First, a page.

Humphries points out another interesting point. If you look at the original list price to sale price – real estate agents are not any more accurate than the Zestimate when it comes to pricing homes. We all know the story there – original list price is related to a pricing strategy rather than the price a listing agent believes that home will transact at. Regardless – the fact is true that the original list to sale price is no more or less accurate than Zillow’s average accuracy rate of 6.9%.
Humphries did an excellent job of pointing out that the Zestimate is a great place to start but clearly states that “great agents provide services far beyond just pricing a home…..and priceless peace of mind. A Computer will never replace that.” And concludes with “The reality is we don’t live in a black and white world in which agent’s price opinions are infallible, and a computer-generated data is inherently untrustworthy. There is ample room for both, and both help the consumer in search of an honest deal.”
What we observed
MRIS is more than just an MLS and NVAR is more than just an Association of REALTORS. I do not know which or if either was responsible for seeding this discussion, but I would not be surprised if that was the case. What we see here is a great metropolitan newspaper educating consumers about issues in real estate to reset their understanding of the value of their most precious asset – their home. David Howell was eloquent in stating his case about the Zestimate and Stan Humphries supported Howell as much as he defended his product and his company.
Most importantly, consumers have been invited into the discussion and this has great value. WAV Group published research that the Washington Post also picked up about the accuracy of listing content on Zillow and other third party websites for precisely the same reason. The consumer needs to know third party websites are a great place to get a start on understanding real estate, but when it comes time to transact, you get the best information from a professional, especially when that professional is a REALTOR®.
More MLSs and Associations should seed articles in their local newspapers like this one. And, it is a good idea to invite Mr. Humphries to respond. Make it a conversation that educates the consumer and everyone wins. Zillow is not going away. They are getting bigger and better.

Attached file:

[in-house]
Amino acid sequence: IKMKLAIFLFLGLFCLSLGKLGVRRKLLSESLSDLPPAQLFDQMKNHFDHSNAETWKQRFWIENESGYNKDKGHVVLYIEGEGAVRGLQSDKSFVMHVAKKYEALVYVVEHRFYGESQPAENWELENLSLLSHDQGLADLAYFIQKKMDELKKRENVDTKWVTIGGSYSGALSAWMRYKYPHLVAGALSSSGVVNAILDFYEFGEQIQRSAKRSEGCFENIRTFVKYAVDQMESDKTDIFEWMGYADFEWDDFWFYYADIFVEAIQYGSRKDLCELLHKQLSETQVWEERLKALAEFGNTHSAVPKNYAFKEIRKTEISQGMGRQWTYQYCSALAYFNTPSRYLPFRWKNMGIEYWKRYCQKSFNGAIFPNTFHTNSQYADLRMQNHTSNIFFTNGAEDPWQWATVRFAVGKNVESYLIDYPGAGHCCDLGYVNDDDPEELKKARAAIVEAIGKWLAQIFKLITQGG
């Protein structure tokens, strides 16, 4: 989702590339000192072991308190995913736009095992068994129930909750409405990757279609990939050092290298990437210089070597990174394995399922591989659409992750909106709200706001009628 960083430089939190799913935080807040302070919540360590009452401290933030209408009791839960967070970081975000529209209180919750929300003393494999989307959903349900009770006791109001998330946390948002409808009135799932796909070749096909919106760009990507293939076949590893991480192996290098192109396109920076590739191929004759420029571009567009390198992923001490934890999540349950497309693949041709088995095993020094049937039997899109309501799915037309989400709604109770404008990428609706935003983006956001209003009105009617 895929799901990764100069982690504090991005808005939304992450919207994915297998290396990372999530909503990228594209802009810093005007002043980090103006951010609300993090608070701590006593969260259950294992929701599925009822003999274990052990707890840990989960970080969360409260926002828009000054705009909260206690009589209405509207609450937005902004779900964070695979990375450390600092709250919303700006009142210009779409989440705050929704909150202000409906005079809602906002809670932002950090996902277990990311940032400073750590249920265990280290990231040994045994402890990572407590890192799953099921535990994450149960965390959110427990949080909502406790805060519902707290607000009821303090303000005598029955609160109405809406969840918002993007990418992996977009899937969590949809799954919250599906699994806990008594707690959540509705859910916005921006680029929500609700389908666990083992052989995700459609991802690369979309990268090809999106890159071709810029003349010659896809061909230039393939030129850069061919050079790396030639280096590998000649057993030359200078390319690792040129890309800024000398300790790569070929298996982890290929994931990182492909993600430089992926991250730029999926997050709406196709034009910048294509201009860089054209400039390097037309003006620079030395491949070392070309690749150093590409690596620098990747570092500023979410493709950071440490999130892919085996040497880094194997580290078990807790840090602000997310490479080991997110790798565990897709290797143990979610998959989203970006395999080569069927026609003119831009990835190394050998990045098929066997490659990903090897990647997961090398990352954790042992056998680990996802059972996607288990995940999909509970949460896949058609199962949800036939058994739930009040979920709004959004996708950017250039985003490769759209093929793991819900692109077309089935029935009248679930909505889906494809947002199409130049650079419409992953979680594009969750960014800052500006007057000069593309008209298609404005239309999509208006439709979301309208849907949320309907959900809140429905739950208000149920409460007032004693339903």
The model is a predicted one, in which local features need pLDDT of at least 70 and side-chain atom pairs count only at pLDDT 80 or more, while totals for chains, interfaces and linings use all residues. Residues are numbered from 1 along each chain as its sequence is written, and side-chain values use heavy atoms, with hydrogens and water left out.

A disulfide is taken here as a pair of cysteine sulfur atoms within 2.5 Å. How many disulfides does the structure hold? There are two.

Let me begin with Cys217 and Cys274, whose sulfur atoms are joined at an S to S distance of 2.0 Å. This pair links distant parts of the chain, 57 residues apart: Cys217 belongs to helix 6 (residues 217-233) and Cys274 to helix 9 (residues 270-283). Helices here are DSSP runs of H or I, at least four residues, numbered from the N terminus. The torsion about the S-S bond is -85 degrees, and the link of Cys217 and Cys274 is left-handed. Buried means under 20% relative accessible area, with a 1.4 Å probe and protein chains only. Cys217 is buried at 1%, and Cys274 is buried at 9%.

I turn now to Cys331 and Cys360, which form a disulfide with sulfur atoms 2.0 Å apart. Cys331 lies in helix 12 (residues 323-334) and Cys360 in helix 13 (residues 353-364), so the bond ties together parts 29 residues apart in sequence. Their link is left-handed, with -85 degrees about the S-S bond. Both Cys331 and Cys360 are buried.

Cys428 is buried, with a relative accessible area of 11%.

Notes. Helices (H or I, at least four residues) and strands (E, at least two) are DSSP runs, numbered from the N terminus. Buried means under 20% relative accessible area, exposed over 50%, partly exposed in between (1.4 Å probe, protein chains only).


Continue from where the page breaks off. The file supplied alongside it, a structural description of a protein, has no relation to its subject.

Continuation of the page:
Incidentally, McNearney Associates sends a direct feed of their listings to Zillow, but does not enhance their listings on Zillow.
Great summary on both of these well written articles. MRIS and WaPo have greatly improved communication in the last several years. What was once a contentious relationship is now much healthier as evidenced by this series of articles.
Indeed we are contacted regularly to comment on local and national issues as well as provide insight into local market trends and statistics (via our subsidiary company RBI). Interestingly we were not a party to this “debate”. The WaPo (with our encouragement) increasingly reaches out directly to reasoned professionals like David Howell for opinions on important real estate related issues. They know David can be counted on for thoughtful commentary versus “blue skies” or “chicken little”.
Thanks Victor for recognizing the shift.
Hi Victor –
Thanks for the great article, and I just wanted to let you know how this unfolded.
The Washington Post ran a short blog post about our Zillow research the last time we did a report back in October 2012. So we (McEnearney Associates) gave them a heads up before we did this year’s research thinking they might be interested in seeing the results. When we finished, we sent along our research results and associated commentary, and they asked if we had any problem if they ran a rebuttal/response from Zillow. We, of course, said that would be fine. We saw Zillow’s response for the first time when the Post ran the stories back to back.
And you are correct – we do send a feed of our listings to Zillow, but our clients have the ability to “opt out” of sending their info to any site with an AVM. At this point, more than half of our sellers opt not to have us send their info.
We really appreciate your summary Victor!